In some embodiments, mixing region 130 may include a different cross-sectional area or flow area than upstream exhaust passage 164. Mixing region 130 may include a first portion 132, a second portion 134, and a third portion 138. The first portion 132 of mixing region 130 may be configured as a transitional section to accommodate a change in cross-sectional area or flow area between oxidation catalyst 166 and second portion 134 of mixing region 130. First portion 132 may include an exit cone region coupled to an external canister holding oxidation catalyst 166. Second portion 134 of mixing region 130 may include an injector 136 for selectively injecting a liquid into the exhaust system. Second portion 134 may include an exit cone region coupled to an external canister holding the SCR catalyst and/or catalyst. As one non-limiting example, liquid injected by injector 136 may include a liquid reductant such as ammonia or urea. The third portion 138 of mixing region 130 may be configured as an exit cone section to accommodate a change in cross-sectional area or flow area between second portion 134 of mixing region 130 and SCR catalyst 140. Note that SCR catalyst 140 can include various SCR catalysts for reducing NOx or other products of combustion resulting from the combustion of fuel by engine 110.
In some embodiments, injector 136 may be coupled to the wall of second portion 134 of mixing region 130, however, alternative embodiments may include coupling injector 136 to the wall of first portion 132 of mixing region 130. Additionally, alternative embodiments may include arranging injector 136 within the flow area of the first portion 132 of mixing region 130 or the second portion 134 of mixing region 130. Furthermore, a tube or other liquid transporting conduit may be extended from injector 136 to facilitate the direct injection of liquid reductant into a specific location within the exhaust flow stream.
Note that with regards to vehicle applications, exhaust system 100 may be arranged on the underside of the vehicle chassis. Additionally, it should be appreciated that the exhaust passage portions coupling the various exhaust system components may include one or more bends or curves to accommodate a particular vehicle arrangement. Furthermore, the cross-sectional shapes of the various exhaust system components and the exhaust passage portions that couple the various exhaust system components may be circular, oval, rectangular, hexagonal, or any other suitable shape. Further still, it should be appreciated that in some embodiments, exhaust system 100 may include additional components not illustrated in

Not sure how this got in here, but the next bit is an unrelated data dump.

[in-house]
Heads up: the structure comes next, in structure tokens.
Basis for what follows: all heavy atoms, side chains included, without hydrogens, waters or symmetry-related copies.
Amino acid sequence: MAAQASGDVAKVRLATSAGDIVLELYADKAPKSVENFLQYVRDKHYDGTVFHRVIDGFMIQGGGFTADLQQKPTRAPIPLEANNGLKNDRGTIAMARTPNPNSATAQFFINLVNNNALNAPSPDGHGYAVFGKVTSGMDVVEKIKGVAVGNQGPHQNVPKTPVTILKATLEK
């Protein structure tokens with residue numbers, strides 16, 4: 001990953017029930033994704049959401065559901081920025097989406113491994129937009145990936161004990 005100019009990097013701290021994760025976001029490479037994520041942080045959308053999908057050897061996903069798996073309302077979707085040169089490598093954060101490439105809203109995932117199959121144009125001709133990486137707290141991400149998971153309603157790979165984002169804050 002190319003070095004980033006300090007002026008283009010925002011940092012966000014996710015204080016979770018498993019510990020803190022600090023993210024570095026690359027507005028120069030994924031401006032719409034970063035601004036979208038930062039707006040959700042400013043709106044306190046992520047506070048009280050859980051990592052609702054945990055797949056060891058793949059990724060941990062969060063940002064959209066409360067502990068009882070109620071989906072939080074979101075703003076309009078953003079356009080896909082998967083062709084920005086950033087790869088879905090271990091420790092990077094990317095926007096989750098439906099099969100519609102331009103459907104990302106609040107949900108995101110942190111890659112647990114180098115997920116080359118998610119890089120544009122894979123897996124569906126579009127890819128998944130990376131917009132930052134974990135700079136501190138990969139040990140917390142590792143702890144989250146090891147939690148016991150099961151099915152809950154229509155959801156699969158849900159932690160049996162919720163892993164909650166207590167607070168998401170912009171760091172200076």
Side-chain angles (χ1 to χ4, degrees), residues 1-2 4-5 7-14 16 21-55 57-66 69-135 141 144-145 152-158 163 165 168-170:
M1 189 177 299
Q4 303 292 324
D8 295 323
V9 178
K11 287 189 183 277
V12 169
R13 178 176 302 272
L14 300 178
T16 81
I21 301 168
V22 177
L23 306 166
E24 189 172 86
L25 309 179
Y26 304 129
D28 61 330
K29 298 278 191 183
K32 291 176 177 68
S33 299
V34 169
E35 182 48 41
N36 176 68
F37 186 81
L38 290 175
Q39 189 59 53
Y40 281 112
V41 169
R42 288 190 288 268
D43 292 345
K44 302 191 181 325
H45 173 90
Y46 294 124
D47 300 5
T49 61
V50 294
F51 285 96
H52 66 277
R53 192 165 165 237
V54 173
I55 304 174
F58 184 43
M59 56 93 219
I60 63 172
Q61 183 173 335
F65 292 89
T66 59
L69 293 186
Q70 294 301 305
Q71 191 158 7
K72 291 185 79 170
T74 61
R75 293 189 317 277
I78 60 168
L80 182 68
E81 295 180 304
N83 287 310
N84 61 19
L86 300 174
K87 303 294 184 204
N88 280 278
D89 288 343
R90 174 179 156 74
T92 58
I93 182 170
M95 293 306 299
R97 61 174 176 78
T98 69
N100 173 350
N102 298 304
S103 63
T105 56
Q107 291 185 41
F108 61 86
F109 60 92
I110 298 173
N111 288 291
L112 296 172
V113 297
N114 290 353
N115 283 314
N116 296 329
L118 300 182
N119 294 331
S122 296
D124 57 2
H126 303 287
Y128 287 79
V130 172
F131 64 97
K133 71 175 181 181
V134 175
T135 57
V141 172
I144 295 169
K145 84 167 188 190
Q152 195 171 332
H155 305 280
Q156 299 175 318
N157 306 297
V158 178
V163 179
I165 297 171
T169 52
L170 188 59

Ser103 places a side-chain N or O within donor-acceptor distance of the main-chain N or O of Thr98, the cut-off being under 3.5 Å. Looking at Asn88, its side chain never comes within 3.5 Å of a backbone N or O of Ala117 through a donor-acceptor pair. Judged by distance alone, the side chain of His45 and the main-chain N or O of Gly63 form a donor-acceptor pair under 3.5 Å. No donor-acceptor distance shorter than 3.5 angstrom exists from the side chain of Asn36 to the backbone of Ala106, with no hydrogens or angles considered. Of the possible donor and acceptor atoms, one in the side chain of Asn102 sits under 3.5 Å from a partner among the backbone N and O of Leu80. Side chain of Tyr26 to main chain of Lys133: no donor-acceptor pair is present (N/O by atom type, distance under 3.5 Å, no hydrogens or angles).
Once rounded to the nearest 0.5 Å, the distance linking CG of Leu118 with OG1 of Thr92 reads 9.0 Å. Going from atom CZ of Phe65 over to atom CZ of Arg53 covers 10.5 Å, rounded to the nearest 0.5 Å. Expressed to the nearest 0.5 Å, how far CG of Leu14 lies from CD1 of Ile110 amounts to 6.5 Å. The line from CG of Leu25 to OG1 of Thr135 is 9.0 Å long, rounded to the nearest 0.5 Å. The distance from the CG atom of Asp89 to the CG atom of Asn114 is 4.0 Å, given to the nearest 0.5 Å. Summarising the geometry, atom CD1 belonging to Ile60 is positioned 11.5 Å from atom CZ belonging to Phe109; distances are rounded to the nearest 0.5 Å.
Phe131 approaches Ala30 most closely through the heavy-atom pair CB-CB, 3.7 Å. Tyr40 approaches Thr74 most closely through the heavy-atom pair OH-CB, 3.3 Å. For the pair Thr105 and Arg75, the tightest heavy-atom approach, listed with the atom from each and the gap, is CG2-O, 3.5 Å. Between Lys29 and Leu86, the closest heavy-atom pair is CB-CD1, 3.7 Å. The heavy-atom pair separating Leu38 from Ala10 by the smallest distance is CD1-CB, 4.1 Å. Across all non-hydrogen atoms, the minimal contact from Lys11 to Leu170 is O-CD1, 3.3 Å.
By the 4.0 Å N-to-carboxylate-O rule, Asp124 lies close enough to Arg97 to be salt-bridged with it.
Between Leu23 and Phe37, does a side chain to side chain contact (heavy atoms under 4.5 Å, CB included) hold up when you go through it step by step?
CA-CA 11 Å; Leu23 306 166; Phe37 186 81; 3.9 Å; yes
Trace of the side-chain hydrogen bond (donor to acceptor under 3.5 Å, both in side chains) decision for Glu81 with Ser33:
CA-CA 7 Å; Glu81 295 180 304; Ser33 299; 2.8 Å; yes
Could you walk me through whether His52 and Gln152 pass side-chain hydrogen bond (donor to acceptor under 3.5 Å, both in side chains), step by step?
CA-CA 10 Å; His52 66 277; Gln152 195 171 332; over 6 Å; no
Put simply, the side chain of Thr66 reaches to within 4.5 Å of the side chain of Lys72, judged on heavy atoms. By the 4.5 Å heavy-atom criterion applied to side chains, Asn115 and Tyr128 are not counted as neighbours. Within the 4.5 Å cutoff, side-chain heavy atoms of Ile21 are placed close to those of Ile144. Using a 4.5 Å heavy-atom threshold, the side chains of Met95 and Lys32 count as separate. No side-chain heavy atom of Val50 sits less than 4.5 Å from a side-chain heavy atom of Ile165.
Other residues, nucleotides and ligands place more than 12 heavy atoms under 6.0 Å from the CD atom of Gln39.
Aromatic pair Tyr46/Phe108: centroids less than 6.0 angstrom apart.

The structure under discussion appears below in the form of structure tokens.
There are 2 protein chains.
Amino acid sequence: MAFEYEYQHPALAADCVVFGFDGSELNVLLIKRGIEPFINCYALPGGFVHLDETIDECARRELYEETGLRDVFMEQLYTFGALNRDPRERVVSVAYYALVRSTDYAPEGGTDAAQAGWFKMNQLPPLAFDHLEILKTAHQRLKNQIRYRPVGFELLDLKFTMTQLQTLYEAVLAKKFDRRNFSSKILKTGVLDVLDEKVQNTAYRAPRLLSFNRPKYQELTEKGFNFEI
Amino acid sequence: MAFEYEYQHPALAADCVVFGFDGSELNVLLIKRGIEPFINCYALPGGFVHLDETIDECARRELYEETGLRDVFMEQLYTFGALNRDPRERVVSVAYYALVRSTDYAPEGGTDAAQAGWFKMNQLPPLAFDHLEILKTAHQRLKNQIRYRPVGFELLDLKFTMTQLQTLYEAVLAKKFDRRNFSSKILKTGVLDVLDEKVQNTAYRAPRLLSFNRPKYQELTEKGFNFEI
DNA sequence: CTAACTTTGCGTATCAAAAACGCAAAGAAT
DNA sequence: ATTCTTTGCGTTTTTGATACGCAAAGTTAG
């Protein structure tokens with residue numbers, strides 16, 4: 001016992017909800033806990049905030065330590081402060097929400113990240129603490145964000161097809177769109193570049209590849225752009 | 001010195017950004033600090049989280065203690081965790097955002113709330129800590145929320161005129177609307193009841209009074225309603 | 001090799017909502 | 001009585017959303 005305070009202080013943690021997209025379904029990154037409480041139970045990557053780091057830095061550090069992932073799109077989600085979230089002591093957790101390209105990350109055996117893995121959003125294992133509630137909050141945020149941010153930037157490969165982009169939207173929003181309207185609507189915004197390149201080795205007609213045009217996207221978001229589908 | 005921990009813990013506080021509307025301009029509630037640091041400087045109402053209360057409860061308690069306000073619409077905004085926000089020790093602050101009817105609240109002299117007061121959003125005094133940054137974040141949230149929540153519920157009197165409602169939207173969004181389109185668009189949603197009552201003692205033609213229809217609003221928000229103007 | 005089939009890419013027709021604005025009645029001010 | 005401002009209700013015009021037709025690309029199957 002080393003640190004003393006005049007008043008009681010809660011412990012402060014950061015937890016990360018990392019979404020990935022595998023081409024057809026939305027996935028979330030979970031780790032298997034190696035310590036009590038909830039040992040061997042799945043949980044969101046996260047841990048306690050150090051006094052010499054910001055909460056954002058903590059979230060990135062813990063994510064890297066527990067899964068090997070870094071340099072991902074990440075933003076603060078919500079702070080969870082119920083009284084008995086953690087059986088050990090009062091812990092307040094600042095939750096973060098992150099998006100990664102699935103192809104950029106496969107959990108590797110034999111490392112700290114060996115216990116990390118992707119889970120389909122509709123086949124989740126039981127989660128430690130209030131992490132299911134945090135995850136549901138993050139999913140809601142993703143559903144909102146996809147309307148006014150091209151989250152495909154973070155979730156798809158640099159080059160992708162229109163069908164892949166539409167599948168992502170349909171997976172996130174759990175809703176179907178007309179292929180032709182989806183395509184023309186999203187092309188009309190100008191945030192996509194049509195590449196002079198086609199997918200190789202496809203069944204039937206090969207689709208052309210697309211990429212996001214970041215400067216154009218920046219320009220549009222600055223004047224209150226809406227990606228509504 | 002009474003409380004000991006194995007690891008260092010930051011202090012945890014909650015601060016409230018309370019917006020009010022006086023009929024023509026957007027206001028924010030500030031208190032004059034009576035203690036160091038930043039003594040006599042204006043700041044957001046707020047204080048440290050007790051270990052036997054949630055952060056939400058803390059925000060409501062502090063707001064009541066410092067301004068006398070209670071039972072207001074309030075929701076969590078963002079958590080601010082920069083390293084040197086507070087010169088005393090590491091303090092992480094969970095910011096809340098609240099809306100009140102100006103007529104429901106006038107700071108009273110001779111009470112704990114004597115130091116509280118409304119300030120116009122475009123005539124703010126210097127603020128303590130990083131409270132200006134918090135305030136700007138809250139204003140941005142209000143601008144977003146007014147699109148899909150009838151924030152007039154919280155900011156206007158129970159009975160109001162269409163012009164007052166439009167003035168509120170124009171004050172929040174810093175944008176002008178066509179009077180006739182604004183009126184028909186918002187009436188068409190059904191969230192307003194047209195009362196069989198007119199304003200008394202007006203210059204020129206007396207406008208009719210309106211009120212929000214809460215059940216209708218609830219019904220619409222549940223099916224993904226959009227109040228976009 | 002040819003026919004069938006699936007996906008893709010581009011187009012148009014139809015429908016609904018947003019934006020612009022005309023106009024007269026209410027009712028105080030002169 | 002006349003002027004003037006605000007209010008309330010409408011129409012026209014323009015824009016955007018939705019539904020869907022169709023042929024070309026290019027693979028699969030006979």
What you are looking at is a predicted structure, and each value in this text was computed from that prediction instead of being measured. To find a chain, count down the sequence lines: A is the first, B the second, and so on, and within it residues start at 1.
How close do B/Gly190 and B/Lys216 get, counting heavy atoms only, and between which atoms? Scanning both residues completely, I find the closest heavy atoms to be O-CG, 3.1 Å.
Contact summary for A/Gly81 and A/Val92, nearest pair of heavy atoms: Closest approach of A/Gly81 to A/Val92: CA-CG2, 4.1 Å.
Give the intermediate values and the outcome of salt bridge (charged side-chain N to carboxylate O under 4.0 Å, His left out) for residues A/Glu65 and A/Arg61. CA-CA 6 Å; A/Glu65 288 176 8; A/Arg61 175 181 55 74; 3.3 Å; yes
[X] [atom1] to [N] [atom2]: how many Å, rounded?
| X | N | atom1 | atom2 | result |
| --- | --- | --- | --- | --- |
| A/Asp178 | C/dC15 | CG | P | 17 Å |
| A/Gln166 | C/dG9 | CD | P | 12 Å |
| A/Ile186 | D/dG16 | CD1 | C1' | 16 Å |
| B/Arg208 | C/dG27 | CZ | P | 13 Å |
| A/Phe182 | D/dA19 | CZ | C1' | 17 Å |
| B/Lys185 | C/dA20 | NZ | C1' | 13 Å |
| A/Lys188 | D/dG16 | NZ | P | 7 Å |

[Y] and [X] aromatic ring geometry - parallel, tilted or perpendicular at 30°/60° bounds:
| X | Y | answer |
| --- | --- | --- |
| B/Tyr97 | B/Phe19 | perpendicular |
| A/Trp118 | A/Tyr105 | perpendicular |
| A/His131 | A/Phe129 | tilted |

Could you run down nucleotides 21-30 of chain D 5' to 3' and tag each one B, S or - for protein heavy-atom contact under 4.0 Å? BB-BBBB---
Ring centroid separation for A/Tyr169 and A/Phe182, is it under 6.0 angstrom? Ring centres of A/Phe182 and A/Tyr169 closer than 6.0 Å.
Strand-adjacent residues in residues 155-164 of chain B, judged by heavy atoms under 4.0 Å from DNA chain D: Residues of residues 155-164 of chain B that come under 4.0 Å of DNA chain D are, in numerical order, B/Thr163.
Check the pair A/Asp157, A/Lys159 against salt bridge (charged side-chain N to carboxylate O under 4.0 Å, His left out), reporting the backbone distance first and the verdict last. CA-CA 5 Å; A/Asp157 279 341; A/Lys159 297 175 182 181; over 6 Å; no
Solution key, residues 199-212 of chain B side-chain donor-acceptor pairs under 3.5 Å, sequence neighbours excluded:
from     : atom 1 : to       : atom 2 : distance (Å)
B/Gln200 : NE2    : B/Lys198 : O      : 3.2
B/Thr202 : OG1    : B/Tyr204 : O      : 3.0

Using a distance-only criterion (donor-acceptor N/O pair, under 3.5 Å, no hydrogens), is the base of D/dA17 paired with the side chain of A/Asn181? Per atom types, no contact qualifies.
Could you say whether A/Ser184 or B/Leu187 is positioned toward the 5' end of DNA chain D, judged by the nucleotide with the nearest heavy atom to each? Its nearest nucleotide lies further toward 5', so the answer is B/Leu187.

Injector 136 can inject the liquid toward a surface such as spray target 202 along injection axis 216 as a spray. In some embodiments, injection axis 216 can be coincident with a center of the spray pattern provided by injector 136. The spray pattern provided by injector 136 may include a variety of patterns for improving the evaporation rate and dispersion of the liquid reductant within the exhaust gas flow stream. For example, an injector can provide spray patterns that are configured as sheets or hollow cones. However, it should be appreciated that various other suitable spray patterns and/or shapes may be utilized.
Injection axis 216 can be directed at a particular region of an upstream surface such as spray target 202. As one non-limiting example, injection axis 216 can intersect the center of spray target 202, which may also be coincident with longitudinal axis 200. In this example, injector boss 210 is configured to couple injector 136 to the wall of the exhaust system so that injection axis 216 is angled relative to longitudinal axis 200 as indicated by angle 230. As one non-limiting example, angle 230 may be an angle of approximately 45 degrees. As another example, angle 230 may be an angle between 20 degrees and 55 degrees. For example, angle 230 may be a 30 degree angle. However, it should be appreciated that other angles may be utilized.
In some examples, geometric constraints associated with an exhaust system for a vehicle may increase the rate at which mixing and evaporation of the injected liquid reductant within the exhaust gas flow stream are to be performed so that the liquid spray is finely atomized prior to being absorbed by the catalyst. Further, some exhaust system configurations may require that the drops of liquid within the spray be less than a particular size to achieve a particular rate of evaporation and/or mixing of the liquid into the exhaust gasses. As one non-limiting example, the drops of liquid within the spray may be less than 40 microns in diameter, for some exhaust systems. However, the price of an injector may increase in proportion to a decrease in the size of the drops of liquid provided by the spray. Thus, in order to reduce cost of the injector, it may be desirable to improve mixing and evaporation rates so that an injector that produces a spray that is comprised of larger drops of liquid may be used.